Writing on Riding

Writing on Riding

Get a bicycle. You will not regret it. If you live. – Mark Twain

How Do You Build Your Skills?

But, on that surface, there was not much slowing down. And as soon as I looked at the trees just off my left elbow I started going toward them…

I recently read an excellent column on why learning proper technique is vital. It includes a great real-world narrative by a student who came out of a tricky situation unscathed, thanks to skills learned in a class.

I never have taken a formal lesson, but in a year and a half of mountain biking I have learned a LOT just by participating in casual, no-drop rides as often as my schedule allows. There’s nothing like watching experienced riders clear obstacles or negotiate tight, steep switchbacks, and then trying the same without any pressure. Those skills have allowed me to venture out with my brother on trails new to both of us. We know our limits, but also have the confidence to push them just enough to handle the trail as it unfolds before us.

My brother, Charles, (front) and Keith negotiate an alternate line at Blowing Springs.

My brother, Charles, (front) and Keith negotiate an alternate line at Blowing Springs. (click to enlarge)

I won’t speak for my brother, but I learned most of what I know from Mojo Cycling’s POD (picture of the day) rides. Shop owner David Neal brings more than 20 years of mountain biking experience, including about 10 years on our local trails, and funnels it into patient but encouraging guidance. We stop often at obstacles, or alternate technical lines, for anyone to take a crack at it. Rode it fine going down? Now try it going up.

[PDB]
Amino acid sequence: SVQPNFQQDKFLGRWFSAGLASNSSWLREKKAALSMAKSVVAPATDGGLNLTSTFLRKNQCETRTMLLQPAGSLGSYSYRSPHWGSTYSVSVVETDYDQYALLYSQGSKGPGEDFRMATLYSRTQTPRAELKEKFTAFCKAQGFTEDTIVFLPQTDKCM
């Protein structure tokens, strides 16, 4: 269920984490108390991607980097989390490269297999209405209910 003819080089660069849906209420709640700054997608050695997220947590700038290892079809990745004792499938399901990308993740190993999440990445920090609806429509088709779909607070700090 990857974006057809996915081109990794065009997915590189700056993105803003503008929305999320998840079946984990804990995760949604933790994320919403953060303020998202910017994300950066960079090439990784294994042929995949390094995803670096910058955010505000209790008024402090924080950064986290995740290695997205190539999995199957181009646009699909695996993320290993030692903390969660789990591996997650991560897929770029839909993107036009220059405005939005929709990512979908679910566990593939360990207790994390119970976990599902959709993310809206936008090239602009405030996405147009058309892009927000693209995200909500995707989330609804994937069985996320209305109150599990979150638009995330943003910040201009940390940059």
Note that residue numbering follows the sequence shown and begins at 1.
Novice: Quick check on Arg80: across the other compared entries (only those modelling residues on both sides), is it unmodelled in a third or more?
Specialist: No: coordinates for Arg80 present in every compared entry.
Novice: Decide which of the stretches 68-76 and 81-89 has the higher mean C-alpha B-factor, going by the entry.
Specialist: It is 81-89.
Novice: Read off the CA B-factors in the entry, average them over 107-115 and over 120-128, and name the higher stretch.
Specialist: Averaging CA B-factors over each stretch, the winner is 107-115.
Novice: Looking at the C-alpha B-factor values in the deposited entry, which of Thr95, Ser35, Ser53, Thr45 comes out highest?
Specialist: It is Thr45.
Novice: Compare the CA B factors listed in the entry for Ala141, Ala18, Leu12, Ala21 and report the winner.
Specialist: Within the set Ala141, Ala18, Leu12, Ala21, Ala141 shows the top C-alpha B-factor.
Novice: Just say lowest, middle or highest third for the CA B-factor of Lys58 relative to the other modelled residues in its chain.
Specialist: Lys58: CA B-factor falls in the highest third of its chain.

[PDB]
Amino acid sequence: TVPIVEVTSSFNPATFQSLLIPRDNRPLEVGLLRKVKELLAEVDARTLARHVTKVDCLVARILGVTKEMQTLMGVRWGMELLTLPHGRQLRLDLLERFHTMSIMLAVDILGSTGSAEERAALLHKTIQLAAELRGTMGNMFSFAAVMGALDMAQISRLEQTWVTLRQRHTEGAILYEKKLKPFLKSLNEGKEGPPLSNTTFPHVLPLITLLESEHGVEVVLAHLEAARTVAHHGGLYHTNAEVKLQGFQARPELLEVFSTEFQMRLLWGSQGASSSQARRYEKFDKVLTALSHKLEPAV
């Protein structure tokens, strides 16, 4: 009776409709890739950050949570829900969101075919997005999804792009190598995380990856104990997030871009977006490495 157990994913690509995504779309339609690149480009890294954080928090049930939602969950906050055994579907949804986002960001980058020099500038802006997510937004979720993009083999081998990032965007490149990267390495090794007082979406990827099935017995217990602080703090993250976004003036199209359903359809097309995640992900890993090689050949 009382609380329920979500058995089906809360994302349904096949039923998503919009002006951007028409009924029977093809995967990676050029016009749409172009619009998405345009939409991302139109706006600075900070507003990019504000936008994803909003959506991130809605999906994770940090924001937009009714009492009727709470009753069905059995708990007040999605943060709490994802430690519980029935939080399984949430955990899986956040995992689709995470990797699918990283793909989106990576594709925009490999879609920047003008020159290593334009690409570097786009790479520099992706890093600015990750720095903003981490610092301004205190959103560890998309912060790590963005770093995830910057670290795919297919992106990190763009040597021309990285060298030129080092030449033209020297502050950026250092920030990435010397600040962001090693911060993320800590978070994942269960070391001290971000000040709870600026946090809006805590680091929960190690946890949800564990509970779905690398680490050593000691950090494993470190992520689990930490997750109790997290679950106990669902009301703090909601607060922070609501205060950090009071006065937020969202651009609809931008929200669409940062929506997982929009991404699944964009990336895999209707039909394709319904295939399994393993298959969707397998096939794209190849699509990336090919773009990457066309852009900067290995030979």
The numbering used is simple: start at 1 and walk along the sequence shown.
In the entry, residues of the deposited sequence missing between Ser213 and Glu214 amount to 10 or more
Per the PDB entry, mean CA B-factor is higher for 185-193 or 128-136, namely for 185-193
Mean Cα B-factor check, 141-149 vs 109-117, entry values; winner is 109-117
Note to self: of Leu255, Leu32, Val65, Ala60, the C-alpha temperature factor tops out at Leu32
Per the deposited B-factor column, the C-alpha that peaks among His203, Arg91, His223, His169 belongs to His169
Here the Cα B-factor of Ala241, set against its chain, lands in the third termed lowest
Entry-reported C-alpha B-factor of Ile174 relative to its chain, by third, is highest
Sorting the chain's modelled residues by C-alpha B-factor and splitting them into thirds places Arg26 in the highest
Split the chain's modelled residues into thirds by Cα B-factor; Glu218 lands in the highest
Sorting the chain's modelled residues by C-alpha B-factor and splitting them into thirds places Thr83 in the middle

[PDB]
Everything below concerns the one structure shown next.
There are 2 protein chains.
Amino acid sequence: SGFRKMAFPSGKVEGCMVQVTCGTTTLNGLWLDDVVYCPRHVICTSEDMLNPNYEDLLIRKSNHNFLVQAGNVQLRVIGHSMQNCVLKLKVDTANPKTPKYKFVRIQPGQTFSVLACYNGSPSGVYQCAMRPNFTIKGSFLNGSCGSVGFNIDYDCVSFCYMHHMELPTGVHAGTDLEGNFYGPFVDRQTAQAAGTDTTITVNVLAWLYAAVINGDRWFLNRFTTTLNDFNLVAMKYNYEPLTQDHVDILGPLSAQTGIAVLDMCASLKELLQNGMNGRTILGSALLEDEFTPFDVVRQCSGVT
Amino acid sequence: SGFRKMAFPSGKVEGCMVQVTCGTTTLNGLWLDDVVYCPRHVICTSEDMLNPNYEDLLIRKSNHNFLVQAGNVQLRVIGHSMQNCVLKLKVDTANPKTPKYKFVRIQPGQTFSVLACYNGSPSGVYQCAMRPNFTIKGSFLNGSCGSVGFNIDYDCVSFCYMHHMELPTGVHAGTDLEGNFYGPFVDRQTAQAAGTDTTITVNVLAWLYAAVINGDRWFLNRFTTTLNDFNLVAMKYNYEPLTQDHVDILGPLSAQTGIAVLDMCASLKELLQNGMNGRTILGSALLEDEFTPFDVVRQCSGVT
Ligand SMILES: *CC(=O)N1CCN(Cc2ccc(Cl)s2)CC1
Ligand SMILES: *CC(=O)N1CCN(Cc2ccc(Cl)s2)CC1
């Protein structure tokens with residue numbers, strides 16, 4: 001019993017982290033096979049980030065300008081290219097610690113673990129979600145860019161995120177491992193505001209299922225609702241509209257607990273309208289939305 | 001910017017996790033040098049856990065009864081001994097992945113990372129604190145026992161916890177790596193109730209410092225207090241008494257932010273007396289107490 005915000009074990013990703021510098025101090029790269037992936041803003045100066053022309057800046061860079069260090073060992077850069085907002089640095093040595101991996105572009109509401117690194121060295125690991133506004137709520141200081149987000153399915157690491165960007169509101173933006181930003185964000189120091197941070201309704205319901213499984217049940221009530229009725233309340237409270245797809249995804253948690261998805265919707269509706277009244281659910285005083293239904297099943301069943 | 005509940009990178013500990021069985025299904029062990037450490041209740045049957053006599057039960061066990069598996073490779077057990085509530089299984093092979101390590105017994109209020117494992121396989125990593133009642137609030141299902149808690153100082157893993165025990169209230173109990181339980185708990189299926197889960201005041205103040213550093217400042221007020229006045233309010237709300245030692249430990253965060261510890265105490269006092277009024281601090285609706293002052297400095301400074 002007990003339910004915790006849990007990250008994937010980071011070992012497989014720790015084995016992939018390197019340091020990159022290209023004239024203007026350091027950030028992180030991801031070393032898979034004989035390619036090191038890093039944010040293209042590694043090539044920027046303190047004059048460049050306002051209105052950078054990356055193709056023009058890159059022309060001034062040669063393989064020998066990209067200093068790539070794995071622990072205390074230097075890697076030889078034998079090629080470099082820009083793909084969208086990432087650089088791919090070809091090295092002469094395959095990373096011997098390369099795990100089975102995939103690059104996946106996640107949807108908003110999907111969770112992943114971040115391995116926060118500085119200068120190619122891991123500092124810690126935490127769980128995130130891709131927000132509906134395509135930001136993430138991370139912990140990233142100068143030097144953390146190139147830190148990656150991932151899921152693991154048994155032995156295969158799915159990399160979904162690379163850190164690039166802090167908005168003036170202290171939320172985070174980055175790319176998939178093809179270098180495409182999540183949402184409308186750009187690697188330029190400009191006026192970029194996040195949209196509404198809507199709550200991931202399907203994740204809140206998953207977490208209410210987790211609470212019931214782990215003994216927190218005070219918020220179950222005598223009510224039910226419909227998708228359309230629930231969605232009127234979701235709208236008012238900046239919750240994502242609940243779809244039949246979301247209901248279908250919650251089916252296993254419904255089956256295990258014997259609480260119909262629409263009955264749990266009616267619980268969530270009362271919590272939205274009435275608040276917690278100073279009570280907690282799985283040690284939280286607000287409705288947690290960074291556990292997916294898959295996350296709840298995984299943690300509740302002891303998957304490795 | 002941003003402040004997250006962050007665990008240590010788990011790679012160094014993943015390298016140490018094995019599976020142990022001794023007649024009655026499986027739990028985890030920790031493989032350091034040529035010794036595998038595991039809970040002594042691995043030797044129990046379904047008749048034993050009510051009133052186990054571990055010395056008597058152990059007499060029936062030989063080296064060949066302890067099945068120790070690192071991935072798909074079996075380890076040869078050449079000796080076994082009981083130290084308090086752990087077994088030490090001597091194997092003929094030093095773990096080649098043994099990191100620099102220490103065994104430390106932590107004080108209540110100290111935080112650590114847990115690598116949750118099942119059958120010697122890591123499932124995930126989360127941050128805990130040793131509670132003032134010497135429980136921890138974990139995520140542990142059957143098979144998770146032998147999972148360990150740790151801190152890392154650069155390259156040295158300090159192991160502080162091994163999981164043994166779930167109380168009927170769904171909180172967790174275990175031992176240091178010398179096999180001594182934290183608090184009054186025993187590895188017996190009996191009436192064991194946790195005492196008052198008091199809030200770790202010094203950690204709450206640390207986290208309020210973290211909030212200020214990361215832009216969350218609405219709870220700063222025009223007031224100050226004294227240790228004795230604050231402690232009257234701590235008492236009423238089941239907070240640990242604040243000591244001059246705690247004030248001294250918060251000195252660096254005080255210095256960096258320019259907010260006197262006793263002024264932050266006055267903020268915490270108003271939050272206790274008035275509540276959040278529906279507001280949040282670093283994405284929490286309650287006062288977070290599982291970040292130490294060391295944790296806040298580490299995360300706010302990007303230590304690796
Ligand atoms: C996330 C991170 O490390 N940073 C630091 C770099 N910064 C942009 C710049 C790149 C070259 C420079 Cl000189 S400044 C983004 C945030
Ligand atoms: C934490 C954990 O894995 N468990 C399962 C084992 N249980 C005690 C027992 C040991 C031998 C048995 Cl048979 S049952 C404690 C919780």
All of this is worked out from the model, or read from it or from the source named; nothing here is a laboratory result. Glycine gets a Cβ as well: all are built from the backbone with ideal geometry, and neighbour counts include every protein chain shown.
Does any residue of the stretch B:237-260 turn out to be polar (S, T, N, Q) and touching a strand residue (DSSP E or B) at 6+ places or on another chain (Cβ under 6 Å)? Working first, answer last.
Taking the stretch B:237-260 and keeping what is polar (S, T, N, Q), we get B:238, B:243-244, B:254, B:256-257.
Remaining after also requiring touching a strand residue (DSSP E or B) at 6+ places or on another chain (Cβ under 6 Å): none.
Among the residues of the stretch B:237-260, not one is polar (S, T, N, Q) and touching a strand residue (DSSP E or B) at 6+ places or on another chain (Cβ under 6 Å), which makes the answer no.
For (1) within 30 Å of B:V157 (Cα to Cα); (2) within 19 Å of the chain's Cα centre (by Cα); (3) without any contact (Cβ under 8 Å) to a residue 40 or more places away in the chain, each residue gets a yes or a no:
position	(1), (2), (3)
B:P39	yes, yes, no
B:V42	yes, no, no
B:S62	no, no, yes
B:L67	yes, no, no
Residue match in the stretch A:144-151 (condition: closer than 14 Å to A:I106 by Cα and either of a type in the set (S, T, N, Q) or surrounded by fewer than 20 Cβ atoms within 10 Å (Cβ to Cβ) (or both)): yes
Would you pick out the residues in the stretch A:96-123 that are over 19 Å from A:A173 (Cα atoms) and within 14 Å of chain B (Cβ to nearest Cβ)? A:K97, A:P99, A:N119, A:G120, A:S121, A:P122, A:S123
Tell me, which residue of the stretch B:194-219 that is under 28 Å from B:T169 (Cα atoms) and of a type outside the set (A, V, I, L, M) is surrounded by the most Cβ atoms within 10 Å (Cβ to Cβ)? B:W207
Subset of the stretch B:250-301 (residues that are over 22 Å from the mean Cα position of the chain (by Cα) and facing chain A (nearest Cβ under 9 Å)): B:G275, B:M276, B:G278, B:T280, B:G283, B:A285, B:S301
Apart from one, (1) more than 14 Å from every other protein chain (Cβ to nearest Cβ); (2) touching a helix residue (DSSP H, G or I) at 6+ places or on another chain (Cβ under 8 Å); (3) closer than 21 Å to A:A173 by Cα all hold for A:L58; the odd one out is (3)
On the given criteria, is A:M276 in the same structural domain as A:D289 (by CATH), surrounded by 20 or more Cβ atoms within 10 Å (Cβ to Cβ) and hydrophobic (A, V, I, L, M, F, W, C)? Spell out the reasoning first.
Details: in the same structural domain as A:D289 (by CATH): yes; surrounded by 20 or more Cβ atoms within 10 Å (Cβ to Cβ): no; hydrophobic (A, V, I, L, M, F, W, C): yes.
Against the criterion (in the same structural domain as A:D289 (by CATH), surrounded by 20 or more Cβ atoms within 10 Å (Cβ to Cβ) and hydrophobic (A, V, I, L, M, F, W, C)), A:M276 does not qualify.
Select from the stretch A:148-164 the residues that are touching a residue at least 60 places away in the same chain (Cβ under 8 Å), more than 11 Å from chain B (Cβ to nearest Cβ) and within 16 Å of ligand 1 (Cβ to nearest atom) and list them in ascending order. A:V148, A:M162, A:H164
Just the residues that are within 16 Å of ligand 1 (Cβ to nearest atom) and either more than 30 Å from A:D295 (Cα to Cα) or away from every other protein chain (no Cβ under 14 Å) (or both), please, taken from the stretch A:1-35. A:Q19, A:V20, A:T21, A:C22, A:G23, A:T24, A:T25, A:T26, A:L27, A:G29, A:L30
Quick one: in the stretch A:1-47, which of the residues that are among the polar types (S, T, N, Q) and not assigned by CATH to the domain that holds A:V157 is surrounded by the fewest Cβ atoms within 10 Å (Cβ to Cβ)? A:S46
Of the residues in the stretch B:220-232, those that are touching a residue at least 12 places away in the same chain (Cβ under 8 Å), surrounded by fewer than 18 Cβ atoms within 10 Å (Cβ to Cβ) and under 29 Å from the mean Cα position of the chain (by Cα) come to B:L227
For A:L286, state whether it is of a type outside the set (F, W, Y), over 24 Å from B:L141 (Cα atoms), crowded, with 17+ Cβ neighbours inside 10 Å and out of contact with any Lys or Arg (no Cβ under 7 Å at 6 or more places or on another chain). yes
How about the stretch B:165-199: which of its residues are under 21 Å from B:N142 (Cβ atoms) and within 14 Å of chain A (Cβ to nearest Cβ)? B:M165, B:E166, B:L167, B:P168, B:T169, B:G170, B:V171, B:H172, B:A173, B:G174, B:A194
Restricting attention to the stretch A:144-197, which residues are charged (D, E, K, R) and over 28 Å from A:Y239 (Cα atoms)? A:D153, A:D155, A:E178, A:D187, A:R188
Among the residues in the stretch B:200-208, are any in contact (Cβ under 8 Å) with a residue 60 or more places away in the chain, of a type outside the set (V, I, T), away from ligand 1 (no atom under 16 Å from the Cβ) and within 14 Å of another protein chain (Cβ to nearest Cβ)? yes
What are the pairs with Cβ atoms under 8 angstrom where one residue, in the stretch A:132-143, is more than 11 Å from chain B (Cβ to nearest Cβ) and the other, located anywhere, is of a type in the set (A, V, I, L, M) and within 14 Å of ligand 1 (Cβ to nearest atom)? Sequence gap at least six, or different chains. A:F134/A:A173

One goal is to keep the rider on the bike as much as possible. The less you have to get off the bike and walk, the more fun you’ll have, or the better time you’ll record.

Other experienced riders also provide valuable tips and live demonstrations during these rides. Watch someone else do it, then if you feel comfortable, give it a try. If you don’t, wait until you do. It isn’t a competition, so the only pressure to perform is what you bring on yourself.

No matter what group you choose, make sure that you are still learning. It will increase your skills and your confidence. To get started the way I did, drop by Mojo Cycling at 2104 S. Walton Blvd #1, in Bentonville. They will add you to their e-mail list that announces the location of each ride and includes a few Pictures of the Day related to cycling. The times and days don’t usually change from Tuesdays and Thursdays at 7:30 PM and Saturday mornings at 8 AM.

Update 4/26/2016:

My brother and I leaned heavily on the skills we have learned when we rode the Buffalo Headwaters trails, just a few days after I wrote this. The long, fast descent on Fire Tower Trail; the very steep, tricky descent on Trail of the Ancients; and the fun, very technical downhill Wildcat Hollow all demanded we combine our skills not just to run it clean, but to have fun.

Inspiration (and to read the rest of what happened to the rider I quoted above):

Links to Mojo Cycling:
On Facebook – https://www.facebook.com/Mojo-Cycling-112323148829043/
On the Web – http://www.mojocycling.com/

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